The hangover from the previous night’s Feud still slithering down the back of my neck like an 80-proof slug, I arrived late and was seated in a folding chair in a packed theater for the second secret screening of Fantastic Fest. Advertised as “The Holy Grail of holy fucking shit” in a hyperbolic Drafthouse Films press release, the film turned out to be Dangerous Men (Ungradable), which—full disclosure—screened at an event I was involved in several ears ago in L.A. That didn’t diminish the pleasure of watching this fascinatingly misguided work of outsider art with an audience, however; the theater howled with laughter at every clunky line reading (which is most of them), flaccid karate chop (which is all of them), and egregiously ’80s fashion choice (which stays remarkably consistent, considering the film took a reported 20 years to finish before finally seeing a minuscule release in 2005).

Directed by an enigmatic “Iranian polymath” named John S. Rad, Dangerous Men can barely sustain its plot on a scene-to-scene basis, although the major beats involve a female serial killer with a Ms. 45-esque agenda and the search for a biker-gang kingpin named Black Pepper. (Who, when he finally does appear, appears to be wearing a crimped Hulk Hogan wig purchased in the clearance bin of a local Halloween outlet.) Normal conventions of plot and pacing are irrelevant, so the true pleasure of a movie like Dangerous Men is in its details, including a cop badge that reads “Policeman Police” and a belly dancer who appears to perform a seductive routine for absolutely no reason, then disappears just as mysteriously. They also gave out cassingles of the theme song at the door, just to give you an idea of the general vibe. Dangerous Men will receive a release via Drafthouse Films in November, which fans of the company’s Miami Connection should probably check out. Just don’t call it “so bad, it’s good.” They hate that here.

The rest of the day was taken up with films that had already played at other film festivals and arrived at Fantastic Fest with major buzz. That was an asset in the case of Green Room (B+), which The A.V. Club’s Ignatiy Vishnevetsky saw at Cannes earlier this year and has received a rapturous reception at Fantastic Fest. The brutal, sickeningly realistic scenes of violence were met with audible gasps and appreciative applause in turn, and in the Q&A after the screening, director Jeremy Saulnier—by his own admission a little tipsy—waxed nostalgic about his teenage punk days and praised Patrick Stewart for his professionalism after Saulnier “shit the bed” on the first day of shooting. As someone who also knows the pall that a gang of neo-Nazi skinheads can cast over a DIY basement show, I’ll say that the art team on Green Room, as well as Saulnier, should be commended for their world-building, creating one of the most realistic cinematic portrayals of the punk/hardcore subculture I’ve ever seen.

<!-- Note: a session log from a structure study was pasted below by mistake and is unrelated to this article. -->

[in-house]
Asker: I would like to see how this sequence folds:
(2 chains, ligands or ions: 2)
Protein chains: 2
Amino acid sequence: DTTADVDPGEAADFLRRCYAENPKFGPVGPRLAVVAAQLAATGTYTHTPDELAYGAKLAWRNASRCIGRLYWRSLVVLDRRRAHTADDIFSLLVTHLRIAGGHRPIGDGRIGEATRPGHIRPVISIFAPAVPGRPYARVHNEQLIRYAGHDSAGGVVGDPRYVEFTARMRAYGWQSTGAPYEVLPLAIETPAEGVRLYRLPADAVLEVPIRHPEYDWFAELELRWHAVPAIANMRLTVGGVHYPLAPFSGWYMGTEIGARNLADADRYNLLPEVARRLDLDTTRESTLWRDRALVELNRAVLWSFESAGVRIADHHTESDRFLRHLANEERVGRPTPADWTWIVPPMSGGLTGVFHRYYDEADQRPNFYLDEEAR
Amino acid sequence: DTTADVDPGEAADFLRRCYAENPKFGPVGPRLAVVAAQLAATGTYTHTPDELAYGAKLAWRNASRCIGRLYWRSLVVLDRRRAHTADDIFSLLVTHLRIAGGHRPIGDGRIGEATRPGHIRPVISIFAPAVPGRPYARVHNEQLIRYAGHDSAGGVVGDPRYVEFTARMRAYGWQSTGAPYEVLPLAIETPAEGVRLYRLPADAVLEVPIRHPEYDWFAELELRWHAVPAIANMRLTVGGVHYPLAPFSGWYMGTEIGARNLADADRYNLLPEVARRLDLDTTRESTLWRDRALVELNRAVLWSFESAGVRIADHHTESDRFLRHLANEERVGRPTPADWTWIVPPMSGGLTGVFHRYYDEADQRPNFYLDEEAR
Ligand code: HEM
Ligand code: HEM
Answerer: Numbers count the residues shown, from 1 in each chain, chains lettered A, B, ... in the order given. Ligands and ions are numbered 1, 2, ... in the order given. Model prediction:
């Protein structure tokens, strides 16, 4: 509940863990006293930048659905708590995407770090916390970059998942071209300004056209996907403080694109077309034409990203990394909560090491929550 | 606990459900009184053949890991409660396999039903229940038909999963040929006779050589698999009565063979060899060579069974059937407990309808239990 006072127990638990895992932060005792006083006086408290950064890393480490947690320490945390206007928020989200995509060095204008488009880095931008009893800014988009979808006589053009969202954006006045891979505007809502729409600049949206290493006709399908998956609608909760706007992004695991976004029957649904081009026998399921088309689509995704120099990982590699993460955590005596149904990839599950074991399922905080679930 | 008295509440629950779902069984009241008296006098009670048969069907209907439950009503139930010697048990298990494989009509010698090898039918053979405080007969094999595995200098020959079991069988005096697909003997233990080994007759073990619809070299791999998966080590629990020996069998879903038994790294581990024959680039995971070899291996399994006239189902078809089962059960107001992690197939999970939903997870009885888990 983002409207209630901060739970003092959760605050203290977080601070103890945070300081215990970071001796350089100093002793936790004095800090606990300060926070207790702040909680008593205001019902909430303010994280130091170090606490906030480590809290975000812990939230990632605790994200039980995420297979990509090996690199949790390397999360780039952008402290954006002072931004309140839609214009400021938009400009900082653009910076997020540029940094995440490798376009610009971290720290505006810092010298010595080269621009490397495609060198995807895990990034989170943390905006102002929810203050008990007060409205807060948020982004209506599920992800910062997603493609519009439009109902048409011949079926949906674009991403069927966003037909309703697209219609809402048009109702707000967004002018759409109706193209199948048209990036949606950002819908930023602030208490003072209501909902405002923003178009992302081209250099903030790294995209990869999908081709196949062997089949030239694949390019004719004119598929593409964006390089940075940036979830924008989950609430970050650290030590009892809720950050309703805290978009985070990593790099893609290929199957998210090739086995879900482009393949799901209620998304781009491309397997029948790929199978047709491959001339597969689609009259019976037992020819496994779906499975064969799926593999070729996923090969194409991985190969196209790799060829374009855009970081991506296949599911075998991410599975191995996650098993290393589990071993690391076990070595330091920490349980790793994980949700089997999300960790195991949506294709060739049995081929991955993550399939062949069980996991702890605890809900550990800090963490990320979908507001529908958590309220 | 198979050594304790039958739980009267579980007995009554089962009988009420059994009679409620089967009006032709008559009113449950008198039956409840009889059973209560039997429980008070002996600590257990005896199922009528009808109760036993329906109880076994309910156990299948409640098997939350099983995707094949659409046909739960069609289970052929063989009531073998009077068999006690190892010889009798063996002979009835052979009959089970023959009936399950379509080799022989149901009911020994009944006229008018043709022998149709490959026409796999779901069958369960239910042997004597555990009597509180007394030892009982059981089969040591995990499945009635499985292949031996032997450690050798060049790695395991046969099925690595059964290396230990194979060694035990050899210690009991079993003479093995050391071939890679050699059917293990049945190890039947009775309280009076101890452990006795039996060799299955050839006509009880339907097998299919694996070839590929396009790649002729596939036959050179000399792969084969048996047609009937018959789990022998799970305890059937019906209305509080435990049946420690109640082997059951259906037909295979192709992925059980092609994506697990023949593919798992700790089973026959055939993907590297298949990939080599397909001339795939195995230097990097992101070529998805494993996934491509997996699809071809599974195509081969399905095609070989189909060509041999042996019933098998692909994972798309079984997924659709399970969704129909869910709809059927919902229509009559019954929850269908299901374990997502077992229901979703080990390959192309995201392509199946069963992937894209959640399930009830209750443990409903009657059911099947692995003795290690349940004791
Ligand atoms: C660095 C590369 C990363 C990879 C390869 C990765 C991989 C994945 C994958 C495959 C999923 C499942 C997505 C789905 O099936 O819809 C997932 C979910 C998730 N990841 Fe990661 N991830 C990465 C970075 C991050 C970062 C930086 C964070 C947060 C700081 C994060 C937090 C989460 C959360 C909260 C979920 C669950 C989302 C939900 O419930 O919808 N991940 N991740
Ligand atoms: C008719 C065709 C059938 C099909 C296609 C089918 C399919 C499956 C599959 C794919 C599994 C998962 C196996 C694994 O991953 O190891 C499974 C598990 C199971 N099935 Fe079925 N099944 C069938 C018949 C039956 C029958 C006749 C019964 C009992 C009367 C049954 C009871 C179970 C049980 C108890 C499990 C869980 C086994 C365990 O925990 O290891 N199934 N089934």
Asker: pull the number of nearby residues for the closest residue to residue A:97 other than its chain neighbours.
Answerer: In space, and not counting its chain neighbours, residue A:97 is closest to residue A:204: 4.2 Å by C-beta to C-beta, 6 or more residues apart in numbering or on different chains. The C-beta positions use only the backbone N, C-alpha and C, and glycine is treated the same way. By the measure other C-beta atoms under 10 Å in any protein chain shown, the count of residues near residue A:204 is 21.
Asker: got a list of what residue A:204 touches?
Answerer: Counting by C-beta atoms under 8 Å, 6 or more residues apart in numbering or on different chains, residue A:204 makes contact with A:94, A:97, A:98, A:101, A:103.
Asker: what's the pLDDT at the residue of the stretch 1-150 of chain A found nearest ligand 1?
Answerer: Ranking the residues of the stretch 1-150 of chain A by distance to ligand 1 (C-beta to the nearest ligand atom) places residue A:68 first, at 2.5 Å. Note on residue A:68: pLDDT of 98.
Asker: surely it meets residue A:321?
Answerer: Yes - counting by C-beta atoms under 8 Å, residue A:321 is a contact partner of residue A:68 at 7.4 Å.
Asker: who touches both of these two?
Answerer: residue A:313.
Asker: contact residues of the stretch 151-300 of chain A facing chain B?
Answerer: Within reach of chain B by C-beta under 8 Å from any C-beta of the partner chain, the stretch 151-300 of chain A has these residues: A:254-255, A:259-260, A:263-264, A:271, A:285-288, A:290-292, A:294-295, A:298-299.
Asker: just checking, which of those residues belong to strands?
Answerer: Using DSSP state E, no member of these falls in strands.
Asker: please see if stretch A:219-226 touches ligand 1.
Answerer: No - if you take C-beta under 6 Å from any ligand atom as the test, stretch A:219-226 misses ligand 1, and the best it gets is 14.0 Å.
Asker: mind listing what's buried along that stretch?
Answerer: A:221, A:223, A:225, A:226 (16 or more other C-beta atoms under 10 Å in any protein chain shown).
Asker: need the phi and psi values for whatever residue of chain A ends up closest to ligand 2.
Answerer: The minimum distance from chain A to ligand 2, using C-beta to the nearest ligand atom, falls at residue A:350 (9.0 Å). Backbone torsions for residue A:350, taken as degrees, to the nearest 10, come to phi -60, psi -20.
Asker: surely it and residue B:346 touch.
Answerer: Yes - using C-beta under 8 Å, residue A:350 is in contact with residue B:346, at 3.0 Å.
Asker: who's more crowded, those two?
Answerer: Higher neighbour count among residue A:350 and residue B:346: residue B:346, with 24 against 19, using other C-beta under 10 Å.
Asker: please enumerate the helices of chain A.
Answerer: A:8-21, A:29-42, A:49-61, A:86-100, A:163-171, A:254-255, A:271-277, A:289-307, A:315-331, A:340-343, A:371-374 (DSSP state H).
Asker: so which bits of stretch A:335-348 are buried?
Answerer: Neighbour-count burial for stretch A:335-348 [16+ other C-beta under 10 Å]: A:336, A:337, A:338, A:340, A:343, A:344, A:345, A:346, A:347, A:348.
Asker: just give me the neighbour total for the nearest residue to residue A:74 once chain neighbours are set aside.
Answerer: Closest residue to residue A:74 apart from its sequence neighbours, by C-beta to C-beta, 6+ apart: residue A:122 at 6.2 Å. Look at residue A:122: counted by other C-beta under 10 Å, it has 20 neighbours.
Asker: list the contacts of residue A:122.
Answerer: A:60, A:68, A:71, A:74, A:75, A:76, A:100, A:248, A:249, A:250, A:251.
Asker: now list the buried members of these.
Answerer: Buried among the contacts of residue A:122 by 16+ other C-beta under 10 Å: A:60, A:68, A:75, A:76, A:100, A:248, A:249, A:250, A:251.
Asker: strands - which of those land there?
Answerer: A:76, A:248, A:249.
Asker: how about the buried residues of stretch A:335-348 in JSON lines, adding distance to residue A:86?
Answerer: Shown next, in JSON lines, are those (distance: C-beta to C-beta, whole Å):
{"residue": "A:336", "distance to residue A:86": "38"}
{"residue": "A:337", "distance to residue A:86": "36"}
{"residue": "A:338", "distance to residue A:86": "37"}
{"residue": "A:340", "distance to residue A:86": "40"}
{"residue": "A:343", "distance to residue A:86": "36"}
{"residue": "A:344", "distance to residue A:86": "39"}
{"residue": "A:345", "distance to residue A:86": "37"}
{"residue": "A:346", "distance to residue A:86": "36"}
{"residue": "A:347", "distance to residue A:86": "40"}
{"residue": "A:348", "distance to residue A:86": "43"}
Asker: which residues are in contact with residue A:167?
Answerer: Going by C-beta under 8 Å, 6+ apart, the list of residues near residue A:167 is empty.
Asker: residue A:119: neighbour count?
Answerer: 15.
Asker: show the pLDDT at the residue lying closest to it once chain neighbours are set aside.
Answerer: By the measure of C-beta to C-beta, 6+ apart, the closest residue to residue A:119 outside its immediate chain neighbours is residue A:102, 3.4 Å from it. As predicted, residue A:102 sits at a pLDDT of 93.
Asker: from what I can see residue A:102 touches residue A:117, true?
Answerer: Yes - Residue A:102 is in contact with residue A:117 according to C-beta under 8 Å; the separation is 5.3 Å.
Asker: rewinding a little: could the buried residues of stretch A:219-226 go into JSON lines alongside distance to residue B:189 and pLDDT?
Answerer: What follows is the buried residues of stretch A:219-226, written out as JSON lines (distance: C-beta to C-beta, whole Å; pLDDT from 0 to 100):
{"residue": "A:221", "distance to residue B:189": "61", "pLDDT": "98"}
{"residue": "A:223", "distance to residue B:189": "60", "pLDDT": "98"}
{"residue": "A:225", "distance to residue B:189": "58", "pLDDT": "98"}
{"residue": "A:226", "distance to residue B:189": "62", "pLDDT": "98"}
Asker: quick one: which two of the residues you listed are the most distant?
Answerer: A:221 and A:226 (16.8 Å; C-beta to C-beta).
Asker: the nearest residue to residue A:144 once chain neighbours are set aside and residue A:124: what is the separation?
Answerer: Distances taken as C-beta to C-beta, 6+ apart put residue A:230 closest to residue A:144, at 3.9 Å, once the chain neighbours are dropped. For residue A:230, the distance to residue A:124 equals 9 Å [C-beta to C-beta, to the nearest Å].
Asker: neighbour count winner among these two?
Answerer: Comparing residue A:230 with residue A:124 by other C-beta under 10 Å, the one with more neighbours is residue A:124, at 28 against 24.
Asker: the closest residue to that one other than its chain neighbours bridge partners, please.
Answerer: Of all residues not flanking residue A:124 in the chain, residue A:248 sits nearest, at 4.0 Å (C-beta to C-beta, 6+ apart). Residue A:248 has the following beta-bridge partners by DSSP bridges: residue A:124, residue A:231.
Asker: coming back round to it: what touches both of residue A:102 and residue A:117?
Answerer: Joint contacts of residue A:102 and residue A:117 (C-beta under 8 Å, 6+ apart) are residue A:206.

Finally came another exercise in skillful world-building, The Witch (B), which has also been steadily building buzz since its debut at Sundance back in January. Unlike Green Room, which has earned almost universal raves at Fantastic Fest, The Witch wasn’t entirely well-served by its buzz; Fantastic Fest attendees were divided into two camps. The argument centered around the end of the film, and obviously that’s all I can say about that. And without director Robert Eggers present for a potentially illuminating Q&A—at least at the screening I attended—it will continue to be divisive. Like A.A. Dowd, I was bewitched (sorry) by Eggers’ meticulous attention to detail throughout the film, but—although I wasn’t as troubled by the film’s dogmatic implications as he was—six months before it hits theaters, it may already have been overhyped.